Tuesday, April 19, 2011

Spring Safety and Regulatory Update Part Two

Licensing and Agent Requirements

There has been considerable confusion recently with regard to the licensure requirements for winery owners and employees when pouring or selling their wine. The locations in question include the following:
  • Winery on-premise (at the licensed winery facility) tasting rooms
  • Winery off-premise or secondary tasting rooms
  • Special occasion licensed events
  • Specialty beer and wine shops
  • Restaurants with spirits/beer/wine licenses
  • Restaurants/stores with beer/wine licenses
  • Grocery stores falling under the new sampling law
  • Your distributor’s premises
  • Industry trade shows where wineries pour for licensees (distributors or retailers)
Here is what you need to know about your requirements for each location:

Class 12 Server’s Licenses obtained through “Mandatory” Alcohol Server Training (MAST)

Of the above locations, the only ones for which Class 12 permits are required for winery owners and employees acting for the winery are winery off-premise tasting rooms and grocery stores using the new sampling permit. Class 12 permits are not required at your on-premise tasting room. The requirement for such server permits at off-premise tasting rooms and grocery stores was specifically included in the laws enabling each of these programs.

FWWS has consistently drawn a line between liquor laws focusing on public safety, which we support and seek to make simpler and more effective, and liquor laws restricting trade in wine, which we generally oppose. Server training clearly falls in the first category. Similar to first aid and CPR training, it is difficult to see any downside of MAST for you and your employees at either your on-premise tasting room, or at special occasion events where we can help non-industry members of non-profit organizations understand the rules and hazards of pouring wine. The FWWS Board encourages you to take a mandatory alcohol server course. These are available from numerous private vendors and now are also available online. Information on MAST providers can be found at the following link:


Class 8 permits

Class 8 permits allow winery owners and their employees to pour wine for licensees at trade shows which are not open to the general public. This permit appears to have been developed as a way of getting around the “money’s worth” prohibition in the liquor statute as well as the general prohibition on giving away alcohol for free in cases where admission is not charged. Since alcohol has a monetary value, and since there is no specific carve-out for trade shows (as there is, for example, for giving away a sample bottle of wine of each vintage), pouring wine for licensees is, in this case, an illegal gift.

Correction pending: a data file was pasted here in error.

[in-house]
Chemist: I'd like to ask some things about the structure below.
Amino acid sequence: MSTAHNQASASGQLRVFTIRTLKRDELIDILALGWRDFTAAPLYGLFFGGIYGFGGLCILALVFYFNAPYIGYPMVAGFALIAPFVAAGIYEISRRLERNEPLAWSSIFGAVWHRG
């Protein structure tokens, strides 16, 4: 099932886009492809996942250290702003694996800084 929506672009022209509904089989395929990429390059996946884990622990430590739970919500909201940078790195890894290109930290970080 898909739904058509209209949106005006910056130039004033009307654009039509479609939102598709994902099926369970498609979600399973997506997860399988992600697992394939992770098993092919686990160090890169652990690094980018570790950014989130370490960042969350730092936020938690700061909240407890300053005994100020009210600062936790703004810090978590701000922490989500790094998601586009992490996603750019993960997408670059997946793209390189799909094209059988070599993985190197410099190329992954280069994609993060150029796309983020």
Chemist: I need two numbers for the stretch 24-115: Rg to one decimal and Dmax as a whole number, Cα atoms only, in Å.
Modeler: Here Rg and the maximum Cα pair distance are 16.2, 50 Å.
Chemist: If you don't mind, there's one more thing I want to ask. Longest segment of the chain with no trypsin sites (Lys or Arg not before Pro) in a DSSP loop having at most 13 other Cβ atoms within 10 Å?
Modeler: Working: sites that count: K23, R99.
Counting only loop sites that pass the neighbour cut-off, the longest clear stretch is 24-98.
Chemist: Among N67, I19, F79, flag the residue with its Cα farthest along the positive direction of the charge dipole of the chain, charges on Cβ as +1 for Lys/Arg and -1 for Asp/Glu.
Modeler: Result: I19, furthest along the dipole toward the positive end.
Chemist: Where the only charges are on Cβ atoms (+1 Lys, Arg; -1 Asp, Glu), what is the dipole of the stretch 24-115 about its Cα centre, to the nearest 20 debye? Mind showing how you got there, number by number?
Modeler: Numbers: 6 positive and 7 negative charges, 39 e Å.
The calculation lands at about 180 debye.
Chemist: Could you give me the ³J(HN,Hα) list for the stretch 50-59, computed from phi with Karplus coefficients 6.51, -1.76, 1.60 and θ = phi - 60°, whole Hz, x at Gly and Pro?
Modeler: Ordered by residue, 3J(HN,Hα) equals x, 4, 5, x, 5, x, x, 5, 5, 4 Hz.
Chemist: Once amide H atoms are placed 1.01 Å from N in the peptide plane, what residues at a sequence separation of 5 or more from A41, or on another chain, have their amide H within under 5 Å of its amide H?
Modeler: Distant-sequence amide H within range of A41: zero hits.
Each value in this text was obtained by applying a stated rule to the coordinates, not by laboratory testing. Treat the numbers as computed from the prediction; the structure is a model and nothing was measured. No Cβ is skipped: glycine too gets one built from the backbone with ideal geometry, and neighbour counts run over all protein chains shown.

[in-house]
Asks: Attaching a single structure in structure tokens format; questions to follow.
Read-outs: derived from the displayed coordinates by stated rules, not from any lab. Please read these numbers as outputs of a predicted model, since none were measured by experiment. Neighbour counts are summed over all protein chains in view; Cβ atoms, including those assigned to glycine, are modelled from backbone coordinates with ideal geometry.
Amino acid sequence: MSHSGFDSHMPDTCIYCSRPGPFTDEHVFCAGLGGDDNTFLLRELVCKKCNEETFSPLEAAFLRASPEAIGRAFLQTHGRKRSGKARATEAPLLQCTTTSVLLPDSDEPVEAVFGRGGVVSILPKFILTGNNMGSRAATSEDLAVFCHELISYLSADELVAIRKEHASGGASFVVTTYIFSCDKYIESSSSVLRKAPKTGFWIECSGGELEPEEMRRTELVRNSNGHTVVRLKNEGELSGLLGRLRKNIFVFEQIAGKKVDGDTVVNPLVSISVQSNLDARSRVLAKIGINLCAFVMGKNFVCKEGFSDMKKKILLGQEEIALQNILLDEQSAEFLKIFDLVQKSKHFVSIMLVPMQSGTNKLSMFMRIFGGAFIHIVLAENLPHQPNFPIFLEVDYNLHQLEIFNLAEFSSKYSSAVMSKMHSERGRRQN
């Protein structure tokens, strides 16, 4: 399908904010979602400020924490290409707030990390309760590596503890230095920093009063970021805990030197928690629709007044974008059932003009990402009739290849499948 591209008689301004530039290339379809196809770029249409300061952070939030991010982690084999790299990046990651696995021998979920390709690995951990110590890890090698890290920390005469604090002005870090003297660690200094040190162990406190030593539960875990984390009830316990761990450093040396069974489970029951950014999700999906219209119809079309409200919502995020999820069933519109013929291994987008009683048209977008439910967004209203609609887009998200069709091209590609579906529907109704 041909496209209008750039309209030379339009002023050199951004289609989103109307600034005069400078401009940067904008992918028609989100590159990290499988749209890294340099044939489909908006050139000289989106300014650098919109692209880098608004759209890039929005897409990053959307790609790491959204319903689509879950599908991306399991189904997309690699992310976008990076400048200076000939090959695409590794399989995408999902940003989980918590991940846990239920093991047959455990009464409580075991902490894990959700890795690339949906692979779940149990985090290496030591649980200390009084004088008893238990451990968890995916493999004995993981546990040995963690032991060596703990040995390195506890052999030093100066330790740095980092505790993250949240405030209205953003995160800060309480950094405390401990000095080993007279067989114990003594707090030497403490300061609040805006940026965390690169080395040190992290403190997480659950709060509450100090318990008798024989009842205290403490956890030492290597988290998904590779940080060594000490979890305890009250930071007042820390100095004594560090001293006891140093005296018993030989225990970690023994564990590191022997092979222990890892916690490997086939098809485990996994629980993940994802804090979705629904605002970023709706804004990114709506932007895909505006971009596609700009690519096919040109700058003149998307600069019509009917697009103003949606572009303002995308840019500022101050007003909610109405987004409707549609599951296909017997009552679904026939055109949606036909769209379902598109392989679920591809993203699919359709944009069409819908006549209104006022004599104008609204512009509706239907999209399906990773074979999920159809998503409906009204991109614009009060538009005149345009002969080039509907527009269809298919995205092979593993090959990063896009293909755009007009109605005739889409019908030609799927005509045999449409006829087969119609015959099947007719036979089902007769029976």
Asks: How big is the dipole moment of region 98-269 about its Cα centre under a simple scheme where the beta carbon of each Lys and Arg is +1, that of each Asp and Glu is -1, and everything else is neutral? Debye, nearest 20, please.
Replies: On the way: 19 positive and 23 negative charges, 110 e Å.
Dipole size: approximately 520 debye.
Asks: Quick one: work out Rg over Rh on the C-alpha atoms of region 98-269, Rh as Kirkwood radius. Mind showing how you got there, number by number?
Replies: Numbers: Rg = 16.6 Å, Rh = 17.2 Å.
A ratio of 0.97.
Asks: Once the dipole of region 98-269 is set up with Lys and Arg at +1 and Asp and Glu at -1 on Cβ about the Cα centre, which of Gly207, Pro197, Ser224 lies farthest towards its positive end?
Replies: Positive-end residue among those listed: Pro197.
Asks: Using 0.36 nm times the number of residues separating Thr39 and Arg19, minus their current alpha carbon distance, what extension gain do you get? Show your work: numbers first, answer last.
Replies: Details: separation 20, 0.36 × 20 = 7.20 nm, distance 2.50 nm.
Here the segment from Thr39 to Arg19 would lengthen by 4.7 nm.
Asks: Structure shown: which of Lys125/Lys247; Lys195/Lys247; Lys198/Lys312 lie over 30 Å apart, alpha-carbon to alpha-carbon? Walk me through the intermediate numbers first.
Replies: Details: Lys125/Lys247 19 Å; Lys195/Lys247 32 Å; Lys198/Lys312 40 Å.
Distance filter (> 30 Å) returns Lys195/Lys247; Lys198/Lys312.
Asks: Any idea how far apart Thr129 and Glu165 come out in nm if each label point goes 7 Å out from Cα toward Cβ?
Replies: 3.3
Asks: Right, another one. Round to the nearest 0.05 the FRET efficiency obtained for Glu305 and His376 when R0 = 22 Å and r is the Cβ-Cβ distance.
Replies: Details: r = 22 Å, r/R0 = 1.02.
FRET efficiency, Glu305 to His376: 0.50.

This is yet another unintended consequence of the blanket money’s worth prohibitions in the statute. Our Craft Wineries proposal, which provides a comprehensive solution to the money’s worth issues, has faced consistent opposition from some in the industry. We will speak to the liquor Board in the coming months to explore their views on finding an alternative to class 8 permits for such trade shows. Most likely this would involve yet another “carved-out” exception to money’s worth restrictions. Given that trade tastings are vital to wine promotion, involve only licensees, and benefit all tiers of the industry, we do not see any reason that this would be a controversial approach to replacing the Class 8 permit, which serves no other purpose.

Agent’s Licenses

It has come to our attention that the WSLCB interprets current law to require that winery owners and their employees (exception: winery owners whose business is structured as a sole proprietorship) must obtain a WSLCB agent’s license to “canvass for, solicit, receive or take orders for” wine. Rather than confuse this issue with a discussion of the present interpretation, we will look to the near future. There is a provision in this year’s “omnibus” liquor law that specifically clarifies that winery owners are not required to appoint themselves or their employees as “agents” for the purpose of representing themselves in soliciting and taking orders for wine. This bill is presently on the Governor’s desk, and she is expected to sign it. We have clarified with WSLCB enforcement staff that, assuming this bill is signed as expected, the WSLCB does not intend to enforce the current interpretation in the interim before rules (WACs) are adopted to implement the new law.

We should point out that an agent’s license will still be required for non-employees who “canvass for, solicit, receive or take orders for” your wine - in other words for the sort of people and activities that many of you probably currently have agent’s licenses in place for.


  1. This comment has been removed by the author.

  2. Alcohol training courses are really important for employees working in licensed alcohol premises like restaurants, bars, supermarkets and a lot more. By this training, they will know the different legal responsibilities in selling and supplying of alcohol beverages, and they will know why they need to have a personal license and premise license. This training is also designed to prevent underage alcohol access for minors.